The placement and fitting of the belts on your child in the seat is so important. Please read the manual of the seat and the car to determine where the belts go. The car seat harness should be adjusted so you can only slip one finger underneath the strap at your child’s chest. The harness retainer clip should be positioned across the chest at the armpit level.4 These guidelines are in place to keep your children safe. My frustration regarding the mothers who have turned their infants’ car seats forward too early, is that, although their children may weigh 20 pounds it does not mean they have the musculoskeletal system of a one-year old. The forward direction dramatically increases the probability of serious cervical spine fractures and neurological deficits.5 This is all the more reason to leave your infant rear facing as long as possible. Infants are not necessarily “little adults.” Their skulls are more fragile, their heads are proportionately larger, and their rib cage is thinner. Because they have small stature and their musculoskeletal system is not fully developed, they need the added protection of the car safety seats. According to the National Safety Belt Coalition, car seat restraints provide a “ride-down” benefit during rapid deceleration which works to allow the child’s body to stop as the vehicle is slowing, reducing the forces on the child’s body and preventing contact with hard surfaces inside the vehicle, with other occupants, the road, or other vehicles. They also act to spread crash forces over the broad area of the body, thereby reducing forces on any particular part of the body, and distributing these forces to the strongest parts of the skeleton such as the hips, back, and shoulders.1 Even our bigger children need special accommodations when riding in our cars. According to SafetyBeltSafe USA, young children who are placed in vehicle belts rather than booster seats are 59% more likely to suffer devastating injuries, including severe damage to the brain, liver, spleen, and spinal cord. Most children need to use a booster seat from about age 4 until at least age 8–10 for maximum protection and improved comfort in the car. Answer this 5-step test the next time you and your child ride together in the car to determine if he or she should still be in a booster seat.6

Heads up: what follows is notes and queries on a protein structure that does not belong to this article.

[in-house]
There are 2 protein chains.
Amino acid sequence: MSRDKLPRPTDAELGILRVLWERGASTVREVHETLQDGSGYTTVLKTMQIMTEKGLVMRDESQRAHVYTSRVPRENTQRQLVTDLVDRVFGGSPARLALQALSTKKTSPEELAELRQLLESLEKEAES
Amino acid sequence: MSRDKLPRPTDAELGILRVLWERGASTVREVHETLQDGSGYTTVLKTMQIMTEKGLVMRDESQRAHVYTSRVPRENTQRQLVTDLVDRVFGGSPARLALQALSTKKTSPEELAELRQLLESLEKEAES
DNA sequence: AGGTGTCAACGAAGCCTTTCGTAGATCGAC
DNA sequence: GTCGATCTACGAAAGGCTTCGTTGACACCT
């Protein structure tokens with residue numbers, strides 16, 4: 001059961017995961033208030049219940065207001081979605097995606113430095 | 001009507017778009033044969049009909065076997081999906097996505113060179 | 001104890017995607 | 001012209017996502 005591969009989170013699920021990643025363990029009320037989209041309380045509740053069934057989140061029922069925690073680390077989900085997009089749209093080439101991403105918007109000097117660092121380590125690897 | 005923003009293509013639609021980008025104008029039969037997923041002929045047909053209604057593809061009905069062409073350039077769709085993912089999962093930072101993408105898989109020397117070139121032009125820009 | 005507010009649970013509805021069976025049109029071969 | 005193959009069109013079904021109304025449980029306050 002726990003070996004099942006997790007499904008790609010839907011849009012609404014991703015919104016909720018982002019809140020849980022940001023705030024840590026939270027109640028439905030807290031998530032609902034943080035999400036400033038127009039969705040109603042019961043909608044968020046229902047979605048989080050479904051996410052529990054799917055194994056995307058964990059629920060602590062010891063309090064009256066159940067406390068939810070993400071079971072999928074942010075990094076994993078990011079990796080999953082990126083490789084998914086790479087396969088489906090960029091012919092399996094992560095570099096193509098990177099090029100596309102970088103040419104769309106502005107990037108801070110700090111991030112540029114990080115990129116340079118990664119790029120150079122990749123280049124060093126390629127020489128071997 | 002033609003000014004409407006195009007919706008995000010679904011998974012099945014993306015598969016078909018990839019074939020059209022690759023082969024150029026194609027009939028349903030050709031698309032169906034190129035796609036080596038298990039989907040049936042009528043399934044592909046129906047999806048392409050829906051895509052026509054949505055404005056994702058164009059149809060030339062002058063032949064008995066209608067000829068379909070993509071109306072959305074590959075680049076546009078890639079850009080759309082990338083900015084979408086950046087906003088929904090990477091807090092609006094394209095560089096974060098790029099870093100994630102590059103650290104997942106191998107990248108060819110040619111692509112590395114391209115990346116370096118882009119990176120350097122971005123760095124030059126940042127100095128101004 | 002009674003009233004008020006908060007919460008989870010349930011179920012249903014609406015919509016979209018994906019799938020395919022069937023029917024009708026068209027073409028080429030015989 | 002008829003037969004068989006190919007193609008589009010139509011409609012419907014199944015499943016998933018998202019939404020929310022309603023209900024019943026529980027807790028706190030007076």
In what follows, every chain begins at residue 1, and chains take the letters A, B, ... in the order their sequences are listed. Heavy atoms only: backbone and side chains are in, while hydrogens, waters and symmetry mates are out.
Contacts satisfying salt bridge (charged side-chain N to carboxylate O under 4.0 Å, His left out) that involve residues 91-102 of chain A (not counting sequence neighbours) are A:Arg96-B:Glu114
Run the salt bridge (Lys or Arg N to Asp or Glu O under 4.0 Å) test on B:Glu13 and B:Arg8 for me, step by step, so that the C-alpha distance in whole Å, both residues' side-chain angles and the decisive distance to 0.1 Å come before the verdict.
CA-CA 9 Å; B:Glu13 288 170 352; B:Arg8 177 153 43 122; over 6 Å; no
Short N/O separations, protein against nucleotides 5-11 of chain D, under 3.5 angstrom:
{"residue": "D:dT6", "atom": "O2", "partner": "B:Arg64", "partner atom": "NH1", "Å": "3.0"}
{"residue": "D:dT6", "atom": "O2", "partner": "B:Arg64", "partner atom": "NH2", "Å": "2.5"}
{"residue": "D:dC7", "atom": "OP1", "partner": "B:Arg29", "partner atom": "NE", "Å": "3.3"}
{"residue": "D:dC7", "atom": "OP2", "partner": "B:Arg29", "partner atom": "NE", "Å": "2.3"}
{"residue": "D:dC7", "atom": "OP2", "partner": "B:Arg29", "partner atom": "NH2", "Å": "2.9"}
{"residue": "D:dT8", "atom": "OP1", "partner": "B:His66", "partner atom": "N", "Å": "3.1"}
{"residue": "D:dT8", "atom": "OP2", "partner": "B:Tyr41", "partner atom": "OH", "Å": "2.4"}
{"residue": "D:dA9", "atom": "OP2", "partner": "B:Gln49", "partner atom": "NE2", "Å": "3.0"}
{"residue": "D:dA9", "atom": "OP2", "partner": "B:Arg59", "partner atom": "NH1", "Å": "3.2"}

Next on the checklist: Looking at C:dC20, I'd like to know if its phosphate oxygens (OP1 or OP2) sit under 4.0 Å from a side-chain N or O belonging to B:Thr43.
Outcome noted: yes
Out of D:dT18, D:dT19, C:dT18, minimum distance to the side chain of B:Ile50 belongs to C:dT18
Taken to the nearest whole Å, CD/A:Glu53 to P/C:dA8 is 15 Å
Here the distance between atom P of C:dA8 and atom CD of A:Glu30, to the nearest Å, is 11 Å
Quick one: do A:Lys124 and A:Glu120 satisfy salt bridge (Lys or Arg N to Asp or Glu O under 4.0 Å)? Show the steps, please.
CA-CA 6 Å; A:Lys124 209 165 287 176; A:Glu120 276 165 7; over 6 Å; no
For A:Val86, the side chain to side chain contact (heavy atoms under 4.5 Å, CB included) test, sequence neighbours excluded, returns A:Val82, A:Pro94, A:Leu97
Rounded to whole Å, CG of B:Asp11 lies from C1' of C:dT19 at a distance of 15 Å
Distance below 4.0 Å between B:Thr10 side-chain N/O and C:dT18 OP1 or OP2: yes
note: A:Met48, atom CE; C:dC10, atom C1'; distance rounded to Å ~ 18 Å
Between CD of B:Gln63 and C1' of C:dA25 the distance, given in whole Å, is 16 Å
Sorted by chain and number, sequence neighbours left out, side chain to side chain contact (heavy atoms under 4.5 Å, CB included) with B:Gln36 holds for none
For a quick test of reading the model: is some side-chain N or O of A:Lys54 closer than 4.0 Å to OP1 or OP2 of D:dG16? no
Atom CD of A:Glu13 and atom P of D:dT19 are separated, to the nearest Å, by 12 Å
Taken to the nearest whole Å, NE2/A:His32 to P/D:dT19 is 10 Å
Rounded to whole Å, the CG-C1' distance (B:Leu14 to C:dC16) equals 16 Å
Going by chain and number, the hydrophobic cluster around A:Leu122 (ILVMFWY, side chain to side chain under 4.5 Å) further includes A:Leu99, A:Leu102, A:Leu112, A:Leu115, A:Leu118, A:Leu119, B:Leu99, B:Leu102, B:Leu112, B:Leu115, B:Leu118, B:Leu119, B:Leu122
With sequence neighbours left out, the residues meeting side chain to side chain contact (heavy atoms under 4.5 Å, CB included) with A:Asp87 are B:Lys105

The 5-Step Safety Belt Test

  1. Does the child sit all the way back against the auto seat?
  2. Do the child’s knees bend comfortably at the edge of the auto seat?
  3. Does the belt cross the shoulder between the neck and arm?
  4. Is the lap belt as low as possible, touching the thighs?
  5. Can the child stay seated like this for the whole trip?

If you answered “no” to any of these questions, your child needs a booster seat to make both the shoulder and lap belt right for the best crash protection. You can also find additional information at www.boosterseat.gov.

After reading this, there is no reason not to have your child in their car seat every time they are in a vehicle. It does require extra planning sometimes. You have to think ahead when you are traveling. You need to decide if you are going to take your child’s car seat on the plane with you, or are you going to arrange for a car seat for the rental car. I have never had a problem getting a car seat, both an infant and a toddler seat, when I have rented a car. In my experience, limo and taxi services don’t have car seats available because they are not legally obligated to. It is necessary to bring your own. Hopefully, after reading this article, you will take the time to do the extra planning.